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Direct sales trade shows can be scary when you are first starting out.  If at all possible, it is a good idea to go with your upline and see what they do before you strike out on your own.  If that is not possible, here are a few ideas to help you out.

Set up a Sample Display – If you have a table at home that might be similar to the one at the event, set up your display on it.  See what you think and where you could improve.  Take a picture and send it to your upline or ask them to take a picture of their set up and send it to you.  It might be a good idea to do both of these to be even more effective.

Pack in Advance – If you leave packing until half an hour before you need to leave, you are likely to forget some very important things.  Case in point, one of my last direct sales trade shows, I forgot to print and prep my recruit packages!  Oops!  I also recommend loading your car the night before if it is possible as mornings can be rushed.

Table Cloth – Bring a covering for your table.  The first trade show I did, I knew nothing about this and I put in an emergency call to someone I knew to bring me one.  You can buy logo’d ones from your company or you can buy them from a variety of places.  Pieces of fabric or sheets can work well.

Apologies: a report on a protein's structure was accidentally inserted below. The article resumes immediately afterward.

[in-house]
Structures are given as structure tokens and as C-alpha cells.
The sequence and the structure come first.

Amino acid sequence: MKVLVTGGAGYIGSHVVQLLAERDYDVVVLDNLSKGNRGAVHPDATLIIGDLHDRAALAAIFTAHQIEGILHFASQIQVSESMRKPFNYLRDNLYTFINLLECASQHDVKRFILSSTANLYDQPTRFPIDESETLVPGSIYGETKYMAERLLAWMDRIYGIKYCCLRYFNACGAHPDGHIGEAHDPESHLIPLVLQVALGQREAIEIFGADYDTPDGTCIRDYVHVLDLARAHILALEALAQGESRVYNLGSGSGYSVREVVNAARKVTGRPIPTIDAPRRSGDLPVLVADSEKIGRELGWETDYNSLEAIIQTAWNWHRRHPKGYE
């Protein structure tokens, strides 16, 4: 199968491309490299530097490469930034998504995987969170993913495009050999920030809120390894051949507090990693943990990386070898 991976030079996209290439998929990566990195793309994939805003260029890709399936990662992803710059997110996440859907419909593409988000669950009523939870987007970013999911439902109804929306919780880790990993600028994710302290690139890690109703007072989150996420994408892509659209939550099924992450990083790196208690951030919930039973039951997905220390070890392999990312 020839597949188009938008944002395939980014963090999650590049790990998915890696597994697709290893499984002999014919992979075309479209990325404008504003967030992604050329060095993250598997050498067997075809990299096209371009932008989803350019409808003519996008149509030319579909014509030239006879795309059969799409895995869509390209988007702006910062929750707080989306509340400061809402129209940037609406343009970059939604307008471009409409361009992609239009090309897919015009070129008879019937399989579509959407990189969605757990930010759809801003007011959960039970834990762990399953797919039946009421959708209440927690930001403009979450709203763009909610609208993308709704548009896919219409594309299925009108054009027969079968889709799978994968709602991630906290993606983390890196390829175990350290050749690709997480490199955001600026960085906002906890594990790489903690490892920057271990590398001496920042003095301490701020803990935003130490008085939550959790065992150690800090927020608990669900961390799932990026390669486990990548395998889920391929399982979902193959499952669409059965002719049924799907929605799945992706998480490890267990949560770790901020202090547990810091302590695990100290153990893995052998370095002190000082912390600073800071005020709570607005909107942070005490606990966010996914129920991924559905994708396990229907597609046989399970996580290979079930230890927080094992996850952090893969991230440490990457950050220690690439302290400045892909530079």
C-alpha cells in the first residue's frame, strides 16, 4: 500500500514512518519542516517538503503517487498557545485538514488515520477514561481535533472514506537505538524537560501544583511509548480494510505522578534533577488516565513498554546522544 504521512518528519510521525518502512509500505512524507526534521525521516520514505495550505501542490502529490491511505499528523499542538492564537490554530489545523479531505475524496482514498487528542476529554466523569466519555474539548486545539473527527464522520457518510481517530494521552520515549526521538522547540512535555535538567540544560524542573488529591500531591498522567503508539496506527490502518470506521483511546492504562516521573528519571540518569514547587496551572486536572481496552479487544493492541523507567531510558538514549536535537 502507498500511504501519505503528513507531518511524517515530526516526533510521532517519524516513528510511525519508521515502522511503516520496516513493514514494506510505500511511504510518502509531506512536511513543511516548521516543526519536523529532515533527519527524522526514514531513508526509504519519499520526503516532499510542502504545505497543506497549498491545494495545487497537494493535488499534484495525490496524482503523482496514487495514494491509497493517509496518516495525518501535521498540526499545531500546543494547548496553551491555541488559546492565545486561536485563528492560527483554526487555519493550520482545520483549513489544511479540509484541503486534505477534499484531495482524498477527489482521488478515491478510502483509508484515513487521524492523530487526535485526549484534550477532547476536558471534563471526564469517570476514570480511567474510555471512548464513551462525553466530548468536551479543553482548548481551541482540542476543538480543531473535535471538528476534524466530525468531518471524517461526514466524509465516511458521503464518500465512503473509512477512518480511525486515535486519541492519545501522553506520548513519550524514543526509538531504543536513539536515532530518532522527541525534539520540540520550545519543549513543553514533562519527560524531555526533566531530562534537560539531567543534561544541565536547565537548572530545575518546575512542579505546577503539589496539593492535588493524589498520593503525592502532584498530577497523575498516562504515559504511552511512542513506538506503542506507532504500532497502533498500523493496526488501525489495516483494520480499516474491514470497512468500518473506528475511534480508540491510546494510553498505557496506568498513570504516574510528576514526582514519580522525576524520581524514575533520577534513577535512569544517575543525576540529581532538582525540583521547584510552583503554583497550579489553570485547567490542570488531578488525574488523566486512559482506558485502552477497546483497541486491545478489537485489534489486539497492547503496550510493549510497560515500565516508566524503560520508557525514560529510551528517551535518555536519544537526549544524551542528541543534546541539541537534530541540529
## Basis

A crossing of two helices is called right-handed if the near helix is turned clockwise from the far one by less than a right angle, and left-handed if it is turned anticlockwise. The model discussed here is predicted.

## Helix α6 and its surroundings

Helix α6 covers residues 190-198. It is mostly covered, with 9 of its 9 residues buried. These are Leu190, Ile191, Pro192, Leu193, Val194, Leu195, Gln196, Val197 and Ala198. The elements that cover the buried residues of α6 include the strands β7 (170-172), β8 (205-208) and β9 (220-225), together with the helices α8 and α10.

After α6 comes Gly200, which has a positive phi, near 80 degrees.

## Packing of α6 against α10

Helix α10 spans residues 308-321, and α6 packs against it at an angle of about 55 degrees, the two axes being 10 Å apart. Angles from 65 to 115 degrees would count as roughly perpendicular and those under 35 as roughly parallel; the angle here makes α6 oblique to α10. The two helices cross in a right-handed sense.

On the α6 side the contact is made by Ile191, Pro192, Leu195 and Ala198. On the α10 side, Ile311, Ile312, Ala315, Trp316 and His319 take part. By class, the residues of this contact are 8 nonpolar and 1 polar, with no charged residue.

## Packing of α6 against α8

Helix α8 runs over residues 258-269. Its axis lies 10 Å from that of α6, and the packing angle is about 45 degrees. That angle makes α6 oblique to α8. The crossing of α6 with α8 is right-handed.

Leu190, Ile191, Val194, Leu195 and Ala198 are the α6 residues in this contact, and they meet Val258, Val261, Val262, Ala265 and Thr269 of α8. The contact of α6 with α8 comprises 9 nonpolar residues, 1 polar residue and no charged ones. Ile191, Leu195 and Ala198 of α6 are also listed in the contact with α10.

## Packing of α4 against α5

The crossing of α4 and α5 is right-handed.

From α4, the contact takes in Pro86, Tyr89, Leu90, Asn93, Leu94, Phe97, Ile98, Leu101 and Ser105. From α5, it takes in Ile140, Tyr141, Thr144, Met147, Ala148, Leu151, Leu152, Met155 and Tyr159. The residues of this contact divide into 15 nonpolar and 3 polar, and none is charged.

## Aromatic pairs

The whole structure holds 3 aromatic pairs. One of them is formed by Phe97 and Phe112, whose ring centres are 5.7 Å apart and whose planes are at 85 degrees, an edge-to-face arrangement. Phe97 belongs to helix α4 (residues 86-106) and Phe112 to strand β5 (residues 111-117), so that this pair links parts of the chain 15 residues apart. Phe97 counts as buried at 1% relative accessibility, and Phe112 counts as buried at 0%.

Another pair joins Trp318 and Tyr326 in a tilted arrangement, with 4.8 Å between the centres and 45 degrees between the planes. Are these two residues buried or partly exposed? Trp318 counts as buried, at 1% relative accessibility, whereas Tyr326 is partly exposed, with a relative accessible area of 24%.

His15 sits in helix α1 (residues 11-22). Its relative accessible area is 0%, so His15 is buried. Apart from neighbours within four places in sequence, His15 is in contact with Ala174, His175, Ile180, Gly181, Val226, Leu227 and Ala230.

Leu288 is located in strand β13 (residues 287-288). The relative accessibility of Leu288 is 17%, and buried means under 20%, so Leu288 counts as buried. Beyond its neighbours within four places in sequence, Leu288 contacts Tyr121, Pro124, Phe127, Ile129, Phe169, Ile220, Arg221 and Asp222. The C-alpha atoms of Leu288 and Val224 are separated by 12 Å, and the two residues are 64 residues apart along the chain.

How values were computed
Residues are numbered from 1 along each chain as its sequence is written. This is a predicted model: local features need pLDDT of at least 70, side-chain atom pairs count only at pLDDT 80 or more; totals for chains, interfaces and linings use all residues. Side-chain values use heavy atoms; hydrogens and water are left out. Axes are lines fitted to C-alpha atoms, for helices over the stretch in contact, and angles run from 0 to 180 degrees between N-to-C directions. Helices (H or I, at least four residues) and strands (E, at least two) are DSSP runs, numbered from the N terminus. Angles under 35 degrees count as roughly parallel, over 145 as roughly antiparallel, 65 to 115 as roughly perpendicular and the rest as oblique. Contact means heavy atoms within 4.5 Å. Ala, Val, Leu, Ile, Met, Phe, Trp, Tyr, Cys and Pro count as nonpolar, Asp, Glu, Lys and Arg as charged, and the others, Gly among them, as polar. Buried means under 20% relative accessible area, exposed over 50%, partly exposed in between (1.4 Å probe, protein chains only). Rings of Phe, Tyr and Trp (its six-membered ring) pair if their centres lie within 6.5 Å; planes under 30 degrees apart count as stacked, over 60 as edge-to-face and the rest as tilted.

Levels – When creating your display, create different levels.  This helps to attract the eye to different areas and highlight certain times.  I like to use the boxes that my products come in and cover them up with a sheet and then set the product up on top. This keeps the amount of things I have to haul down.

Make a List – I rely on lists more and more all the time.  For this reason, I actually have a list of everything I want to take with me to check when I am packing.  I don’t refer to it as often as I would like, but if I do remember, I know I will be better prepared.

Labels – If you use reorder labels or any other type of labels, pack extra.  You never know when you will discover something on your table does not have your information on it.  I also take extra with me as then I can label catalogues if I discover one got missed or if I have other paper that should have a label on it.  That said; do not forget your business cards!

Inventory or Not – Keep in mind that some companies do not allow their consultants to sell off their table.  But beyond that, inventory can be a hot topic when it comes to direct sales trade shows.  Most people attend in order to get more bookings or recruits.  If this is your goal as well, chances are you will take minimal inventory as an incentive to get bookings but you will want to still take items so people can see them.  Talk to your upline or others in your company if you are not sure.

Direct sales trade shows can be a lot of fun.  It’s a great opportunity to network and get to know other consultants which may come in handy later on.  I also find out about a lot of events through these events.